B.C. Premier John Horgan has again formally extended the province’s state of emergency as the coronavirus pandemic continues, but provided a small glimpse of when restrictions might be eased and the economy start to recover.
“We are starting to see the results of our sacrifice, dedication and hard work, and we must continue to be steadfast in our commitment to keep our communities safe,” Horgan told a news conference on Wednesday, extending the state of emergency until the end of the day on April 28.
He acknowledged it could still be a long time before strict physical-distancing rules to slow the spread of COVID-19 are lifted, but did provide a few details when pressed about the future might look like.
“I believe we are on our own timeline. We have been from the beginning. We saw this early, we addressed it early, and perhaps we will come out from underneath it early. But the data, the science, will direct us in that regard,” Horgan said.
Horgan is chairing an economic task force that meets once a week to determine the next steps province will take on the road to recovery.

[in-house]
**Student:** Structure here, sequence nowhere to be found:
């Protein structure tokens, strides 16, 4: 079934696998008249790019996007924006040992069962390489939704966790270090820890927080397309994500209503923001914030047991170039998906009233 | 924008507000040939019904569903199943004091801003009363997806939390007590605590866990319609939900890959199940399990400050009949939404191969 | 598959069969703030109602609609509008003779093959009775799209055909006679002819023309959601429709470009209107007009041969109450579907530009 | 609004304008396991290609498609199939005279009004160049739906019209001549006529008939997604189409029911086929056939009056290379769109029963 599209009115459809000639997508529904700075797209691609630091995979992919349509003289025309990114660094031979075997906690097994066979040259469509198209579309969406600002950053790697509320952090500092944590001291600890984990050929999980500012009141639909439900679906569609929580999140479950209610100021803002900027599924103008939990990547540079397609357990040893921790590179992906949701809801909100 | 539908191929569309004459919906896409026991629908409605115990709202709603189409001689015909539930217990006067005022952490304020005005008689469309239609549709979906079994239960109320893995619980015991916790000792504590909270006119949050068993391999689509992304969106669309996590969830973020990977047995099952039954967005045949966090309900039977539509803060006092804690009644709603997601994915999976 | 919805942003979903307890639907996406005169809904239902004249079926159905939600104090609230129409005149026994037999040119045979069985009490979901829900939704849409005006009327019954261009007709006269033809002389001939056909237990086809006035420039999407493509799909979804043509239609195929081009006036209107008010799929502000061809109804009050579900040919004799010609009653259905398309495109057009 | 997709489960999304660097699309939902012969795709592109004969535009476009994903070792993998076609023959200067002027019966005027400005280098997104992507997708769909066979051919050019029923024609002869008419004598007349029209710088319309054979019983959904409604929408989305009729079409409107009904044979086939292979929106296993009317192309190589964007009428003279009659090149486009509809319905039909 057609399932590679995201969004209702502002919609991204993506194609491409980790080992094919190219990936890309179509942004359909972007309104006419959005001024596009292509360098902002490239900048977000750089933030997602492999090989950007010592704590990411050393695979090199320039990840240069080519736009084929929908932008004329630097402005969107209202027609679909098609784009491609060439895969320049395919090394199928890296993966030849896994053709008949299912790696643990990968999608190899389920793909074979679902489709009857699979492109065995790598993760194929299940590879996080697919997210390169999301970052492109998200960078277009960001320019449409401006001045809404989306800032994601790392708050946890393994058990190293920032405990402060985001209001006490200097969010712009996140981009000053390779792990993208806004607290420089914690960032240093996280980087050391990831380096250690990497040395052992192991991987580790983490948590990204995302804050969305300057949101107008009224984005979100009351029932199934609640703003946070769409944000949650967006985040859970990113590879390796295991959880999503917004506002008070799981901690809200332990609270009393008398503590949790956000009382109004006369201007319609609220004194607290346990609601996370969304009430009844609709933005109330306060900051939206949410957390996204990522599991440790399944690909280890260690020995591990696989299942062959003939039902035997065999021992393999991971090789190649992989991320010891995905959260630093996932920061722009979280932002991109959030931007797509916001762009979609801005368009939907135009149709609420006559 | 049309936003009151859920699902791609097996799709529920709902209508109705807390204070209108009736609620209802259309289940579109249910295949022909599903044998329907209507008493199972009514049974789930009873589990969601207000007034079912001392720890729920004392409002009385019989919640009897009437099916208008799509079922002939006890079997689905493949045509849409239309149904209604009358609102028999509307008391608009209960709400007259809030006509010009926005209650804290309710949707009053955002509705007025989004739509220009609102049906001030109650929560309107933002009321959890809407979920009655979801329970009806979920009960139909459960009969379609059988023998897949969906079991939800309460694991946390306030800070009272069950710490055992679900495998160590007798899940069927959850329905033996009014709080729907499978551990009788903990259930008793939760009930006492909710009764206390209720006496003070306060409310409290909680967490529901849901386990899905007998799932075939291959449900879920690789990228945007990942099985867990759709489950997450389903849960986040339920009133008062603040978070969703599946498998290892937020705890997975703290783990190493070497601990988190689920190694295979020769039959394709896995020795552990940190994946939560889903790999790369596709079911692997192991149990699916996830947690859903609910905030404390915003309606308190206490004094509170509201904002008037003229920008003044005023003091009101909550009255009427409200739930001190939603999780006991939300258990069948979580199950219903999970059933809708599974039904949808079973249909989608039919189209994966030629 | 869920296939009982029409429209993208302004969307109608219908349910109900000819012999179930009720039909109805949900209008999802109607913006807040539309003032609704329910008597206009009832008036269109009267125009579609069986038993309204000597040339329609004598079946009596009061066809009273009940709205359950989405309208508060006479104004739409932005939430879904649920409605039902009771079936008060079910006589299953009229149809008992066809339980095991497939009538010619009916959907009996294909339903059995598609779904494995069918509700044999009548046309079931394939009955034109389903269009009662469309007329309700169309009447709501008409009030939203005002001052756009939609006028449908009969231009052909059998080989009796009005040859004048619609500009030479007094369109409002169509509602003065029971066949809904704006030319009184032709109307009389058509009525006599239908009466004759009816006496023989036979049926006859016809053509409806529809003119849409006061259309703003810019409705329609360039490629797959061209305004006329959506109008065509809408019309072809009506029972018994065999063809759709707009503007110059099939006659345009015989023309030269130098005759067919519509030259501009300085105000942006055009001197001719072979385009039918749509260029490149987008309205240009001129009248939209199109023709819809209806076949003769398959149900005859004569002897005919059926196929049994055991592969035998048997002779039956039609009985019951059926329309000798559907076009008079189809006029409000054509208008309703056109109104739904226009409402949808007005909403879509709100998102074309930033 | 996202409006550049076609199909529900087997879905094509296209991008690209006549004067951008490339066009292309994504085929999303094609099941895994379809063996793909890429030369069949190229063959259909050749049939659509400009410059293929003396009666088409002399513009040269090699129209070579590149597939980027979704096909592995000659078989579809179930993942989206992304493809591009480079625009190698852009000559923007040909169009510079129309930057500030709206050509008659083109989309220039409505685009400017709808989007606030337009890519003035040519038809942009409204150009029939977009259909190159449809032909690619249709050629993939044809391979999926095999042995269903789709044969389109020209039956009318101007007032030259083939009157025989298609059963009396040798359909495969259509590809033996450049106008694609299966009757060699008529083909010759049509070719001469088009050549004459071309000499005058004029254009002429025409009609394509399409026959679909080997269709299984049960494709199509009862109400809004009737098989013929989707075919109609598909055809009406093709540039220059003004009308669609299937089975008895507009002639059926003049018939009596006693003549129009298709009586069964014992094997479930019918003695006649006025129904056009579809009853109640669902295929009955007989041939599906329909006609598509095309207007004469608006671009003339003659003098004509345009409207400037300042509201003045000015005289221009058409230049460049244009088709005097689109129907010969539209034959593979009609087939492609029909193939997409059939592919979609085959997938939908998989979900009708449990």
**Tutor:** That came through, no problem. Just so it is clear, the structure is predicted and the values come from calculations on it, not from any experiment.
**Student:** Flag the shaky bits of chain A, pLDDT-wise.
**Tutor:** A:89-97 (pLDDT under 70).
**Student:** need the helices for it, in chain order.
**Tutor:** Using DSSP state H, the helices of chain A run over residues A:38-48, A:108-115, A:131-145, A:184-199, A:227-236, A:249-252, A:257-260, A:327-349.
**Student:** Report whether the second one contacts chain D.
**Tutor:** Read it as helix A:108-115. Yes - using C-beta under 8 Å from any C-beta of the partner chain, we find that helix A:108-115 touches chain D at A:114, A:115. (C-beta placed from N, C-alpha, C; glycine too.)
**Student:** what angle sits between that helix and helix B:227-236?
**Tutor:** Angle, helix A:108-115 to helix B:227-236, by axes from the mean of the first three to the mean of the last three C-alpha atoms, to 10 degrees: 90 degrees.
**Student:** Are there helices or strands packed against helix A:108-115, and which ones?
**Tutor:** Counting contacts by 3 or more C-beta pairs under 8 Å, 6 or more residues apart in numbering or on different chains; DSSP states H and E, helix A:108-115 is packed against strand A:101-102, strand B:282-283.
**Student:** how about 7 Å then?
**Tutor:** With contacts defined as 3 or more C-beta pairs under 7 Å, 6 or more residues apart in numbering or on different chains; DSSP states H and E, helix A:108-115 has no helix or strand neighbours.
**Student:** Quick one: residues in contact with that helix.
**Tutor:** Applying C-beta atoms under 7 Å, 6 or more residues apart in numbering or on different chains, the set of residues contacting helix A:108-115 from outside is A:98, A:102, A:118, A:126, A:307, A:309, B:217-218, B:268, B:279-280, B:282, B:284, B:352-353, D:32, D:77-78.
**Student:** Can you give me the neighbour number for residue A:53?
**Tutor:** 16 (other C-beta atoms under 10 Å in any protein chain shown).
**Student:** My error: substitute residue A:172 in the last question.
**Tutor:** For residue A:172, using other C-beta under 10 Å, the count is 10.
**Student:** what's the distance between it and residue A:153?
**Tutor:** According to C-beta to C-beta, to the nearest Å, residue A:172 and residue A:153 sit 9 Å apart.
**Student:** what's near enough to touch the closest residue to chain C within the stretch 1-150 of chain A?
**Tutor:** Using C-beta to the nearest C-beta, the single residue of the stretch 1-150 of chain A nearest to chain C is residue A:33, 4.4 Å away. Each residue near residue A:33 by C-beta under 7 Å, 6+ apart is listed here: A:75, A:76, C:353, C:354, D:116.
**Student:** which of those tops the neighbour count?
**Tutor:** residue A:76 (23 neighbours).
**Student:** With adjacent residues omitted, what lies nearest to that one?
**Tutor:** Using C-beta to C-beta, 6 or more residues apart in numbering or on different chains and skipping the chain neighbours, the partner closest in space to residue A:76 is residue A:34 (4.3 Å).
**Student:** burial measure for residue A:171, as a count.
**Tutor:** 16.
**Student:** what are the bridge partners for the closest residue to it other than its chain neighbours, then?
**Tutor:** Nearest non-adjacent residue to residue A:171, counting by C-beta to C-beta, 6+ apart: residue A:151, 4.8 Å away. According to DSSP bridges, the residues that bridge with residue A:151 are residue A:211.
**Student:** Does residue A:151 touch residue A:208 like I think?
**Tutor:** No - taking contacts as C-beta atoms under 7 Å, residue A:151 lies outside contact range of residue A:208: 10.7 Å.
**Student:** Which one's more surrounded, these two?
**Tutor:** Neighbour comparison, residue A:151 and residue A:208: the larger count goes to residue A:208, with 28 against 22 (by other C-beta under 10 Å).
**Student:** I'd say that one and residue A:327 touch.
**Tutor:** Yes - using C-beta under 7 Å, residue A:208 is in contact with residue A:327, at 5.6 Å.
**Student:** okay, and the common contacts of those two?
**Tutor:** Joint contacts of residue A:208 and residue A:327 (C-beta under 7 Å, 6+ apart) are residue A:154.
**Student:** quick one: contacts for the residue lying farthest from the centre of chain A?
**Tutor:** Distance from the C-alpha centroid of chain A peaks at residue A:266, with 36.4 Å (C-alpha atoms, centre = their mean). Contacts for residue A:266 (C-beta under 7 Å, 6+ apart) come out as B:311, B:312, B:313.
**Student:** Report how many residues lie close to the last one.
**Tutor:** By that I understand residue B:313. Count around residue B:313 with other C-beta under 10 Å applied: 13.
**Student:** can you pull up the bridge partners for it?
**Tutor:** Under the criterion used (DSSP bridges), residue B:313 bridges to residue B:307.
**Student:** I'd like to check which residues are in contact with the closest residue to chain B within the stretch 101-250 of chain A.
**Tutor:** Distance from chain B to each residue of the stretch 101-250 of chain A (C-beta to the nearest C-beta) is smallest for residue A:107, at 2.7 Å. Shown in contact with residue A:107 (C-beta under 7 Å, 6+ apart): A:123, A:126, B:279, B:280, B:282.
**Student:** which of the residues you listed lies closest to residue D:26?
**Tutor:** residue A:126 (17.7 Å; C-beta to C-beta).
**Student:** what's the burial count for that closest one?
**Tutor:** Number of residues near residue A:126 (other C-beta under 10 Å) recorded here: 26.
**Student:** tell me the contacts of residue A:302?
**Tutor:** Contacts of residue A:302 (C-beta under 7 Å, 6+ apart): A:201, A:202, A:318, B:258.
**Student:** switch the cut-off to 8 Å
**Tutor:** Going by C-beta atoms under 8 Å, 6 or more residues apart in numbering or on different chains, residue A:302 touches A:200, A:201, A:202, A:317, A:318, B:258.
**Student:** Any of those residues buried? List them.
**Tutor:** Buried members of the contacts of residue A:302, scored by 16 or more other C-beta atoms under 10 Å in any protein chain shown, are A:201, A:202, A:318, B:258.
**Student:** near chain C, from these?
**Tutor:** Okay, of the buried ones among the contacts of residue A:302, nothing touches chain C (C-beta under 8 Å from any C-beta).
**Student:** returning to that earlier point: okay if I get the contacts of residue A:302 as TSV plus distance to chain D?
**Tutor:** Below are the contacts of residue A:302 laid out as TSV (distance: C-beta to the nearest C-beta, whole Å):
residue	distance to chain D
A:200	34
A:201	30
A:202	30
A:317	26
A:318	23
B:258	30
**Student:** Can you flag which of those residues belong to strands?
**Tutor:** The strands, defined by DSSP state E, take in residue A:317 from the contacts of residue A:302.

One of the target areas is the television and film industry, where producers may be looking for options as California and other states struggle with curbing the transmission of COVID-19.
“We want to be in a position, based on the initiatives that we have undertaken and the hard work of British Columbians, to say to those who want to restart their filming, whatever it might be, whether it is TV, major motion pictures, all of that activity — we want it to come back to B.C. as quickly as possible,” Horgan said.
As for kids returning to schools, the premier said the priority is incorporating online learning for all K-to-12 students.
But, even though there are substantial hurdles, a return to the classroom this year has not been ruled out. Horgan said officials are having “preliminary discussions” and waiting for the new modelling numbers for provincial health officer Dr. Bonnie Henry on Friday.
“I look at my colleagues across the country who’ve set arbitrary dates for a return before the data (is) in … and we’re not going to follow that lead,” he said.
“We’re going to look at the numbers as they emerge over the weeks ahead before we make those determinations.”View link »